Theatre or theater is a collaborative form of performing art that uses live performers, usually actors or actresses, to present the experience of a real or imagined event before a live audience in a specific place, often a stage. The performers may communicate this experience to the audience through combinations of gesture, speech, song, music, and dance. It is the oldest form of drama, though live theatre has now been joined by modern recorded forms. Elements of art, such as painted scenery and stagecraft such as lighting are used to enhance the physicality, presence and immediacy of the experience. Places, normally buildings, where performances regularly take place are also called "theatres" (or "theaters"), as derived from the Ancient Greek θέατρον (théatron, "a place for viewing"), itself from θεάομαι (theáomai, "to see", "to watch", "to observe").
A theatre company is an organisation that produces theatrical performances, as distinct from a theatre troupe (or acting company), which is a group of theatrical performers working together. (Full article...)
The Blue Flame is a four-act play written by George V. Hobart and John Willard, who revised an earlier version by Leta Vance Nicholson. In 1920, producer Albert H. Woods staged the play on Broadway and on tour across the United States. Ruth Gordon, the main character, is a religious young woman who dies and is revived by her scientist fiancé as a soulless femme fatale. She seduces several men and involves them in crimes, including drug use and murder. In the final act, her death and resurrection are revealed to be a dream. The production starred Theda Bara(pictured), a popular silent film actress who was known for playing similar roles in movies. Critics panned the play, ridiculing the plot, the dialog, and Bara's acting. Theater historian Ward Morehouse called it "one of the worst plays ever written". Bara's movie fame drew large crowds to theaters, and the play was a commercial success, breaking attendance records at some venues. Ruth Gordon was Bara's only Broadway role, and The Blue Flame was one of her last professional acting projects.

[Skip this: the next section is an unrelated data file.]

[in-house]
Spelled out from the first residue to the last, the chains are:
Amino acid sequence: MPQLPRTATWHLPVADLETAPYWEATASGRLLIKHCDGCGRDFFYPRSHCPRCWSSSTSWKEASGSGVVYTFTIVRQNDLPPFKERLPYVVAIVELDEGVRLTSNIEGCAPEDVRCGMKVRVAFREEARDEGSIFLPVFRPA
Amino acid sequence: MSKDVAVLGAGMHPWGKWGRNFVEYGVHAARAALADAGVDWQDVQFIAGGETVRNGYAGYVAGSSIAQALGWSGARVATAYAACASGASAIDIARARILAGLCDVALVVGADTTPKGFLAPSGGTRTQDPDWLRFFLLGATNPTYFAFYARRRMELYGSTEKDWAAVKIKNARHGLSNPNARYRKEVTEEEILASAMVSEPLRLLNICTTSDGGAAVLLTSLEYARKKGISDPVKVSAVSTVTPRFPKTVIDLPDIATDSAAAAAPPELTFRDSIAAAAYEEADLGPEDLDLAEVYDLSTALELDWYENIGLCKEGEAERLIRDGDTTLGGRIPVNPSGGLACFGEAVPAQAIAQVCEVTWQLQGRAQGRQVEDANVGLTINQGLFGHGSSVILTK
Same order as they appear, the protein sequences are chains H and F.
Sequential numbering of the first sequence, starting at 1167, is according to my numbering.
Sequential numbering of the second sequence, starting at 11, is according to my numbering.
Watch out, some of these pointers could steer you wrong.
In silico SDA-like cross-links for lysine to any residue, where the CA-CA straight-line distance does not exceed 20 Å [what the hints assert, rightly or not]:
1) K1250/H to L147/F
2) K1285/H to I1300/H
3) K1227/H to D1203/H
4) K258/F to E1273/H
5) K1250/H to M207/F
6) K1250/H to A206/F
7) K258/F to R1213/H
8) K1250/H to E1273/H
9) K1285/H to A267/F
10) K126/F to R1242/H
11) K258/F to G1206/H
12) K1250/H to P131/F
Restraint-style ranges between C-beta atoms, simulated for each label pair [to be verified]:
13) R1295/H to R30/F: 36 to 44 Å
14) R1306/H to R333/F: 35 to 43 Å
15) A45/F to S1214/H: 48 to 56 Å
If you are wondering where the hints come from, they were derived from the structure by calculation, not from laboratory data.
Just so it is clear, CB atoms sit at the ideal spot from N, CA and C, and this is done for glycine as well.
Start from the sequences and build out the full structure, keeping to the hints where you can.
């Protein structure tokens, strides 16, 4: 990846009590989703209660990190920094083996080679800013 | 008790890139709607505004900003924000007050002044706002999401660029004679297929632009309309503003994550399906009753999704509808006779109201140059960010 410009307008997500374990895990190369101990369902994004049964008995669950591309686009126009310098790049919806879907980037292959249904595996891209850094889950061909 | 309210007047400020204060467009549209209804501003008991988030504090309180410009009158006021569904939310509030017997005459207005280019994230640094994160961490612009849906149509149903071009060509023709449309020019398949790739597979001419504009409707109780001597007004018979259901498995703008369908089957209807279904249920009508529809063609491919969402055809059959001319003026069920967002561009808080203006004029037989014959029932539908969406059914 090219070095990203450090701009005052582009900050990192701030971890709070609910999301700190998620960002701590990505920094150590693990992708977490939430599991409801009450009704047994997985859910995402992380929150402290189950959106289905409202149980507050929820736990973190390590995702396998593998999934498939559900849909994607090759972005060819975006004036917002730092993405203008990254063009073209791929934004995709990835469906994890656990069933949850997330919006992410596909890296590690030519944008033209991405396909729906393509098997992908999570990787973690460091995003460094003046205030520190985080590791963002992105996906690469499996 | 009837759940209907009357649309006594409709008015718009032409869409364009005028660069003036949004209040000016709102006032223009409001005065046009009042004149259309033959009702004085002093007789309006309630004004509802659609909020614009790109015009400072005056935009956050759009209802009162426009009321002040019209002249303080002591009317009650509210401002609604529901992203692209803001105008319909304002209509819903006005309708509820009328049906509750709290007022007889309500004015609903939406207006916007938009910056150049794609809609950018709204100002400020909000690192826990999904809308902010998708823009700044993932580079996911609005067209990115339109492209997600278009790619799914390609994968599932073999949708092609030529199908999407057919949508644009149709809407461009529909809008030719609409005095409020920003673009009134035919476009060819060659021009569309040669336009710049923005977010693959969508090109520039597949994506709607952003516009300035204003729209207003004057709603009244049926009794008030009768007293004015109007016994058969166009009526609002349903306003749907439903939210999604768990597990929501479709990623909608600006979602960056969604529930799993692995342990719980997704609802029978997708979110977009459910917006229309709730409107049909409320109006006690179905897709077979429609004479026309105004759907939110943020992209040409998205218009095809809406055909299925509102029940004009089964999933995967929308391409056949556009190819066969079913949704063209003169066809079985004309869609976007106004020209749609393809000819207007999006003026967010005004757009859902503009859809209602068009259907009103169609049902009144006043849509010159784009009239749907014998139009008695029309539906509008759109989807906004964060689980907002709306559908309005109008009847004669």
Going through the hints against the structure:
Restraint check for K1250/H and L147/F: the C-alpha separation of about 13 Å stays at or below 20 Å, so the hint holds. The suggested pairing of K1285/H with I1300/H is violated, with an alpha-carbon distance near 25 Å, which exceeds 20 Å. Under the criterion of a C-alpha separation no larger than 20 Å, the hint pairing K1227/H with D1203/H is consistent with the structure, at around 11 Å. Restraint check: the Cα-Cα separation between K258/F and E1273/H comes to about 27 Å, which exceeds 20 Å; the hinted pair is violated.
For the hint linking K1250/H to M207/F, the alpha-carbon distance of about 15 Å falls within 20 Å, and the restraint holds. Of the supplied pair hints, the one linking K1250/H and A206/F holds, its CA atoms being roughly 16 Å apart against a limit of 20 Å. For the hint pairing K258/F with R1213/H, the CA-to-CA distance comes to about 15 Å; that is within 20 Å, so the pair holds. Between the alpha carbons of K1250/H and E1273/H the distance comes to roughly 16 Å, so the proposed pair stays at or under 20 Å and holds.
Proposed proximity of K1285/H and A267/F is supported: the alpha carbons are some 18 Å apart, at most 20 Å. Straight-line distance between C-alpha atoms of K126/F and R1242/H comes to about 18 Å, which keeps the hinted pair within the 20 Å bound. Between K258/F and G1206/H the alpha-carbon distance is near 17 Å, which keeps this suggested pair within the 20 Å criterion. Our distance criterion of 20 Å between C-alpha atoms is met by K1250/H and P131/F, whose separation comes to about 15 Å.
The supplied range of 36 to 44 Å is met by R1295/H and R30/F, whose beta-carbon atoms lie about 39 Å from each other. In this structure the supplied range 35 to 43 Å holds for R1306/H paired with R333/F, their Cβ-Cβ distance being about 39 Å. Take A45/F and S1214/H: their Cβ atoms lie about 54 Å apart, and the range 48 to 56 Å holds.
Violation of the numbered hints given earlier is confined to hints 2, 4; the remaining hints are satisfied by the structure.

Olivia Shakespear (1863–1938) was a British novelist, playwright, and patron of the arts. She wrote six books that are described as "marriage problem" novels. Her works sold poorly, sometimes only a few hundred copies. Her last novel, Uncle Hilary, is considered her best. She wrote two plays in collaboration with Florence Farr. In 1894 her literary interests led to a friendship with William Butler Yeats that became physically intimate in 1896. Following their consummation he declared that they "had many days of happiness" to come, but the affair ended in 1897. They nevertheless remained lifelong friends and corresponded frequently. Yeats went on to marry Georgie Hyde-Lees, Olivia's step-niece and her daughter Dorothy's best friend. Olivia began hosting a weekly salon frequented by Ezra Pound and other modernist writers and artists in 1909, and became influential in London literary society. Dorothy Shakespear married Pound in 1914, despite the less-than-enthusiastic blessing of her parents. After their marriage, Pound would use funds received from Olivia to support T. S. Eliot and James Joyce. When Dorothy gave birth to a son, Omar Pound, in France in 1926, Olivia assumed guardianship of the boy. He lived with Olivia until her death on 3 October 1938.